Depart Australia Fair


Australia 1 : 3 Sweden

by Kara McDermott

Sweden took their momentum from earning top seeding in group play and built on it to boast the best goal line in quarterfinals so far with just the US vs. Brazil game to go. Australia fought to the last minutes, but dropped three goals to the crafty Swedish offense, and could only answer with one of their own.


Sweden had the first real chance in the 6th minute when Lotta Schelin intercepted a poor pass back to Aussie goalkeeper Melissa Barbieri whose advanced position did allow her to save the shot from the top of the box. Australia answered the next minute on a dangerous service into the box after a short corner to Elyse Perry.


This would be a theme of the match, with both teams offering back and forth opportunities.


But it was US slayers Sweden who got on the board first. In the 10th minute, Schelin received the ball on the left side, took it deep towards the touch line, beat her defender on a quick touch and passed to Therese Sjogran in the center of the penalty area. Sjogran tallied her first career World Cup goal at the age of 34 by slotting the ball near post.


Australia continued to attack, creating particular issues for the Swedish defense on set pieces, but Sweden followed up their first goal with another in the 16th minute. Sjogran crossed from the left side to Lisa Dahlkvist, left unmarked in the center of the area. She easily headed the ball point blank to the right corner. At the time of this goal, Sweden had just three shots, but had capitalized on two.


Sweden was looking with this lead to overcome two dubious records hidden in their narrative. They are the only team in World Cup to go up by two goals before losing the match by dropping to Germany in group play in the 1995 tournament. They also have not shut out a team in World Cup play since beating Nigeria 3-0 in 2003 (seemed to work out for them anyway, they were runners-up that year).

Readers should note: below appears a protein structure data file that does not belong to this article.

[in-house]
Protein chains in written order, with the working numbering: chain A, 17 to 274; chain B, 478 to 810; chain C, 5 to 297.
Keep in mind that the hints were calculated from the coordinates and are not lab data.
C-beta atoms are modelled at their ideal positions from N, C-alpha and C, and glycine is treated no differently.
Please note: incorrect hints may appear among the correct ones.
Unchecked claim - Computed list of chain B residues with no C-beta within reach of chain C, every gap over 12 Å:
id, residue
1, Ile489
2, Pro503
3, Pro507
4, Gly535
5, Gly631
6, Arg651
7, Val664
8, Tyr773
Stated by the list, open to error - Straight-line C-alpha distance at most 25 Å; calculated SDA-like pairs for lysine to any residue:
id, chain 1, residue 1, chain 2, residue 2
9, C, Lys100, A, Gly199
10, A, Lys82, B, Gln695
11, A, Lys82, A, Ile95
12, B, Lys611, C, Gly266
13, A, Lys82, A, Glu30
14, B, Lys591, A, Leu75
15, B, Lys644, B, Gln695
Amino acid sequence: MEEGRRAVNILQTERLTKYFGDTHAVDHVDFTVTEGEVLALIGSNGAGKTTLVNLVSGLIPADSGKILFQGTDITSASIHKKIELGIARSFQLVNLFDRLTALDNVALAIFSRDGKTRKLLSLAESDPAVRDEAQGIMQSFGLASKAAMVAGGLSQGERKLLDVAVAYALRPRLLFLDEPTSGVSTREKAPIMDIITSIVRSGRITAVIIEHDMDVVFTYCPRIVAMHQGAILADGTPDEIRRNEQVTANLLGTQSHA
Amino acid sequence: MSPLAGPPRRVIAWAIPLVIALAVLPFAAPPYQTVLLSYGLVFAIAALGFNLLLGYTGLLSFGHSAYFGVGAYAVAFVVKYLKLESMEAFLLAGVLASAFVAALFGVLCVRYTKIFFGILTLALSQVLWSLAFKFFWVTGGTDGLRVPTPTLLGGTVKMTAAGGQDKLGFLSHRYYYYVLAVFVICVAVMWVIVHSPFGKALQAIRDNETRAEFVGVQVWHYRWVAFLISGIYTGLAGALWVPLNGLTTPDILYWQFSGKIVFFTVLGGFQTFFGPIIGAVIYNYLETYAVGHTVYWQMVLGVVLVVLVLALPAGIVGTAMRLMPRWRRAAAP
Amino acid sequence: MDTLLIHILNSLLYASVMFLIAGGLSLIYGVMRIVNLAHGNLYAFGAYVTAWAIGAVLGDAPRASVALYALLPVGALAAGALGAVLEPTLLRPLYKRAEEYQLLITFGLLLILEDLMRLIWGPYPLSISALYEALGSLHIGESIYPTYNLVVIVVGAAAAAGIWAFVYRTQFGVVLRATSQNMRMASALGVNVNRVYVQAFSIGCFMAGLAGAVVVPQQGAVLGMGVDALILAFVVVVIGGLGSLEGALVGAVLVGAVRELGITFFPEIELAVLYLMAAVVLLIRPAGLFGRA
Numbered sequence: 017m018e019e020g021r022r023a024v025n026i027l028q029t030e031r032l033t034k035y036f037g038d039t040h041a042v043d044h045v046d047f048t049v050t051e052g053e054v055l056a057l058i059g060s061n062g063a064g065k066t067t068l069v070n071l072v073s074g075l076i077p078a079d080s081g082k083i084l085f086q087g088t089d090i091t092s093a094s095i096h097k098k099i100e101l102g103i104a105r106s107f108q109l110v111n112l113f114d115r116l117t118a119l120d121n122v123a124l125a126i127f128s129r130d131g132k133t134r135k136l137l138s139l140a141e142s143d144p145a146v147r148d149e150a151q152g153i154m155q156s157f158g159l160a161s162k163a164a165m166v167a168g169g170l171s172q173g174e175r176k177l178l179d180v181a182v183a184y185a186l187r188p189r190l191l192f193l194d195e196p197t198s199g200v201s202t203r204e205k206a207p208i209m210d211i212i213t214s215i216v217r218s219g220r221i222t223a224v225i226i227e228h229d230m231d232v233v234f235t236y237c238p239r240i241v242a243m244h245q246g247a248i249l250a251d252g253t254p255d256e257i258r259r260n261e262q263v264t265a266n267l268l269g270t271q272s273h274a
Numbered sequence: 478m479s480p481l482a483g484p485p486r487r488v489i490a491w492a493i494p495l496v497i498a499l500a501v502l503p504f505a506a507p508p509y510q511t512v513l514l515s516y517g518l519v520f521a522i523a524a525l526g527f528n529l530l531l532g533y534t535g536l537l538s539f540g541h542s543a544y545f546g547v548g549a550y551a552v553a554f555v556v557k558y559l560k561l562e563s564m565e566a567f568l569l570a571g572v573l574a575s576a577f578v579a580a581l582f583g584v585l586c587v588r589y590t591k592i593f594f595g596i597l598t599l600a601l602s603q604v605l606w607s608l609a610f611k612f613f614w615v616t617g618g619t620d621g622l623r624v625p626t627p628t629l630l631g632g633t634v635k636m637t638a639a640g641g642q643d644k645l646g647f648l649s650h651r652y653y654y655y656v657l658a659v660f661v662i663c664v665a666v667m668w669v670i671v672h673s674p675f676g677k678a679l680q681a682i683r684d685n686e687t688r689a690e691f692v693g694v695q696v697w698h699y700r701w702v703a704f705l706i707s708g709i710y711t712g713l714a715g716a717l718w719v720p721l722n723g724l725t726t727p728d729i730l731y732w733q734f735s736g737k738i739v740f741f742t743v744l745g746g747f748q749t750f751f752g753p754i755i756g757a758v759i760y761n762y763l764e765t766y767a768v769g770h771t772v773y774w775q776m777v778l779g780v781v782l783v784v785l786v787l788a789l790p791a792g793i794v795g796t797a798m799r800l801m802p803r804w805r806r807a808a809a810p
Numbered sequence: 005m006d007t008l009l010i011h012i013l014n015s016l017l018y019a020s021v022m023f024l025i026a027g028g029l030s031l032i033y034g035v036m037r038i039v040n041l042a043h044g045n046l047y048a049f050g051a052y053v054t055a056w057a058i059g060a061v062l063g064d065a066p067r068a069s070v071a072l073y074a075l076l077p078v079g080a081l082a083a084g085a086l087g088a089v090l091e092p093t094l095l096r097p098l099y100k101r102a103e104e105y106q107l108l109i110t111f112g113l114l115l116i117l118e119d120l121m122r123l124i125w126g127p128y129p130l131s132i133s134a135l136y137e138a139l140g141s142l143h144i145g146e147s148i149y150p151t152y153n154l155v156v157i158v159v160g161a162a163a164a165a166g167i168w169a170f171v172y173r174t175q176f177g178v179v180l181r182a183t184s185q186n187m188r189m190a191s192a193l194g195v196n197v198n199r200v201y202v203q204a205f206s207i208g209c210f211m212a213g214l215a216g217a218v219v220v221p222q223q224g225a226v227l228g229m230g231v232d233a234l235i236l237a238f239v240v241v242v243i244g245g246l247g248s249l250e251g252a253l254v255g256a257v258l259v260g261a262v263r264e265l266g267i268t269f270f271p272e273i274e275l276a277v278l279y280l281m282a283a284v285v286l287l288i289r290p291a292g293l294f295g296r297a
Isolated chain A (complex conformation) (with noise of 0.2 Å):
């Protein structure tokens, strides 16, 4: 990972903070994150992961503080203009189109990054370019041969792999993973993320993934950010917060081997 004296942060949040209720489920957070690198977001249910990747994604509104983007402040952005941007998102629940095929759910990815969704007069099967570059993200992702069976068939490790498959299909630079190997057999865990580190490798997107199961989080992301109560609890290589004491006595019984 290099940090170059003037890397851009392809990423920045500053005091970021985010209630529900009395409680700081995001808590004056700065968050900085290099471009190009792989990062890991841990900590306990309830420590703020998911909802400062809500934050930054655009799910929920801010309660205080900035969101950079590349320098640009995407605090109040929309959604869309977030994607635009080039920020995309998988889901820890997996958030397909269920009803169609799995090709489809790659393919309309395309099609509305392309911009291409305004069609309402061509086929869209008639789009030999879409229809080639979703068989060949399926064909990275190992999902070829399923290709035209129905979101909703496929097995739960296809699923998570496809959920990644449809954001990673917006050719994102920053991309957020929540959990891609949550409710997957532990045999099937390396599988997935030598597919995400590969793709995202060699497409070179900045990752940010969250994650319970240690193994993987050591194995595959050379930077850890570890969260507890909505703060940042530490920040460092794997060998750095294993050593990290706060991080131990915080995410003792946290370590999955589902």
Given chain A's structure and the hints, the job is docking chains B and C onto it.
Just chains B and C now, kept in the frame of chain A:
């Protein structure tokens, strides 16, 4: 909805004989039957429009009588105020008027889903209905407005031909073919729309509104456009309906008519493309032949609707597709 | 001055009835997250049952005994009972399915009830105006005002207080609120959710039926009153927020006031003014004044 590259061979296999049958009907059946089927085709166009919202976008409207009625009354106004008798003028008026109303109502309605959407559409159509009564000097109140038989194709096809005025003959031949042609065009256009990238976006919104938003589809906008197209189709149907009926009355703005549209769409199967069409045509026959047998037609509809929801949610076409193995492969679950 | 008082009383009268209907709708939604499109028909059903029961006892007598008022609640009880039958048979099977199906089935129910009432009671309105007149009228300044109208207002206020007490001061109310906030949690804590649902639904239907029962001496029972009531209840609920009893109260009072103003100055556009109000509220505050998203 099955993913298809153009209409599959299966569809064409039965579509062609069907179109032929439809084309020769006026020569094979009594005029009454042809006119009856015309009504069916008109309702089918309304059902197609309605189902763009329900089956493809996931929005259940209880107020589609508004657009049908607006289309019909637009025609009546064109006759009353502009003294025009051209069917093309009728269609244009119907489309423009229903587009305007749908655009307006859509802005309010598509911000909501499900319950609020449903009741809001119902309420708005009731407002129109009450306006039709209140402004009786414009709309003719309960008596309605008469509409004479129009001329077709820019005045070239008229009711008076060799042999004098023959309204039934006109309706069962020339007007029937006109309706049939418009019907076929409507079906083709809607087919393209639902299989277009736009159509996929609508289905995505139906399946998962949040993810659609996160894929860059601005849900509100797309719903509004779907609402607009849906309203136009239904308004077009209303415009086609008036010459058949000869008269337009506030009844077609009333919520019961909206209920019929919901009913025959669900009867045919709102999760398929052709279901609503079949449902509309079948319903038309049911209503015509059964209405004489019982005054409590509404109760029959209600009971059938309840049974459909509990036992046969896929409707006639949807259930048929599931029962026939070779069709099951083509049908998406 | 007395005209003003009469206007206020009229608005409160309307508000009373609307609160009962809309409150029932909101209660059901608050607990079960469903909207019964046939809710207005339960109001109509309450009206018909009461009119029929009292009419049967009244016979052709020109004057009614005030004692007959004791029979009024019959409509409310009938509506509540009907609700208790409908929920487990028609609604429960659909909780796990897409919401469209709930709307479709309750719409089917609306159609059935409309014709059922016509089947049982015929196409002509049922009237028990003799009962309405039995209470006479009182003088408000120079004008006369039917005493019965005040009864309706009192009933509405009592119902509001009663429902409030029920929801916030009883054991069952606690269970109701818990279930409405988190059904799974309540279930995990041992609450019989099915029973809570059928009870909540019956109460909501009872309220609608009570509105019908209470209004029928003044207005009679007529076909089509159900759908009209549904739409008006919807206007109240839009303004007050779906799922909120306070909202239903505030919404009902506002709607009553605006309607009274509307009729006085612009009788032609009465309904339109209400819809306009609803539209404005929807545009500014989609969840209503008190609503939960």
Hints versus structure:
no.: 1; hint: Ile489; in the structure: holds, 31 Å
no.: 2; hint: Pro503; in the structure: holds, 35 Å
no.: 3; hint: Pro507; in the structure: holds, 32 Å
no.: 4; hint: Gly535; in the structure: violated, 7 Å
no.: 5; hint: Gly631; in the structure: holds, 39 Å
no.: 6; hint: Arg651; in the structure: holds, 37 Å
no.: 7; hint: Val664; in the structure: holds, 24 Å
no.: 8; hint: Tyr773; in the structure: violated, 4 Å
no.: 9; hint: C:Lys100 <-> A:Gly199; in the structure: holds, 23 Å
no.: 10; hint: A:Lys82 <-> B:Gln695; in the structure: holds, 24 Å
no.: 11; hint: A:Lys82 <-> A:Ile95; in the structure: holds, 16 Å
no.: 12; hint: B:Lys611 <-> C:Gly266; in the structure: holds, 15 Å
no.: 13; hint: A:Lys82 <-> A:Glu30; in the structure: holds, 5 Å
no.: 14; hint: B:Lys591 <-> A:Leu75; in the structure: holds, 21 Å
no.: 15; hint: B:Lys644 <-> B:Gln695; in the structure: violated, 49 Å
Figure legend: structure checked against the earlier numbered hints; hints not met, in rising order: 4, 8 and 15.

Australia, who started the game with a career record of 5-1-2 against Sweden, made sure that at least one of these records would stand.


In the 40th minute, Australia took away the shut-out from goalkeeper Hedvig Lindahl. A corner from the right side was sent short up the sideline. Elyse Perry touched the ball inside to set up her left foot for a long-range shot outside the penalty area, wound up, and fired a perfect shot into the high far post corner.


Like both quarterfinals yesterday, Australia, held a solid lead in possession (60% at half, 53% overall), but was outshot at halftime by their opponents. This echoed France and German’s superior shot lines against the better possessed England and Japan, respectively.


Australia’s Lisa De Vanna was one of their hardest workers and most consistent threat. Her team looked for her again and again to get them back in the game.


However, Australia’s defense didn’t help much. Mirroring the defensive error in the 6th minute, defender Kim Carroll passed back to Barbieri without noticing that Schelin was lurking in the center. Schelin pounced on the opportunity, intercepting the gift-wrapped ball. Barbieri came out to pressure, but Schelin touched the ball around the right side of the keeper, ran around her on the left, picked up the ball again and lightly finished for Sweden’s third goal in the 52nd minute.


Australia continued to show their character by never letting up on the Swedish defense, eventually outshooting Sweden by a slim margin of 14-13, but their grit and perseverance were not enough to overcome the charge of Schelin and her side.


Sweden took a tough blow when midfielder Nilla Fischer was given a yellow card on a hard foul in the 81st minute. She will thus be ineligible to play in Sweden’s next game.


Sweden will take their trademark celebratory dance into their semi-final match against Japan on Wednesday at 11:15 a.m. PST.

Kara McDermott also writes for her blog, Waving the Rave. (


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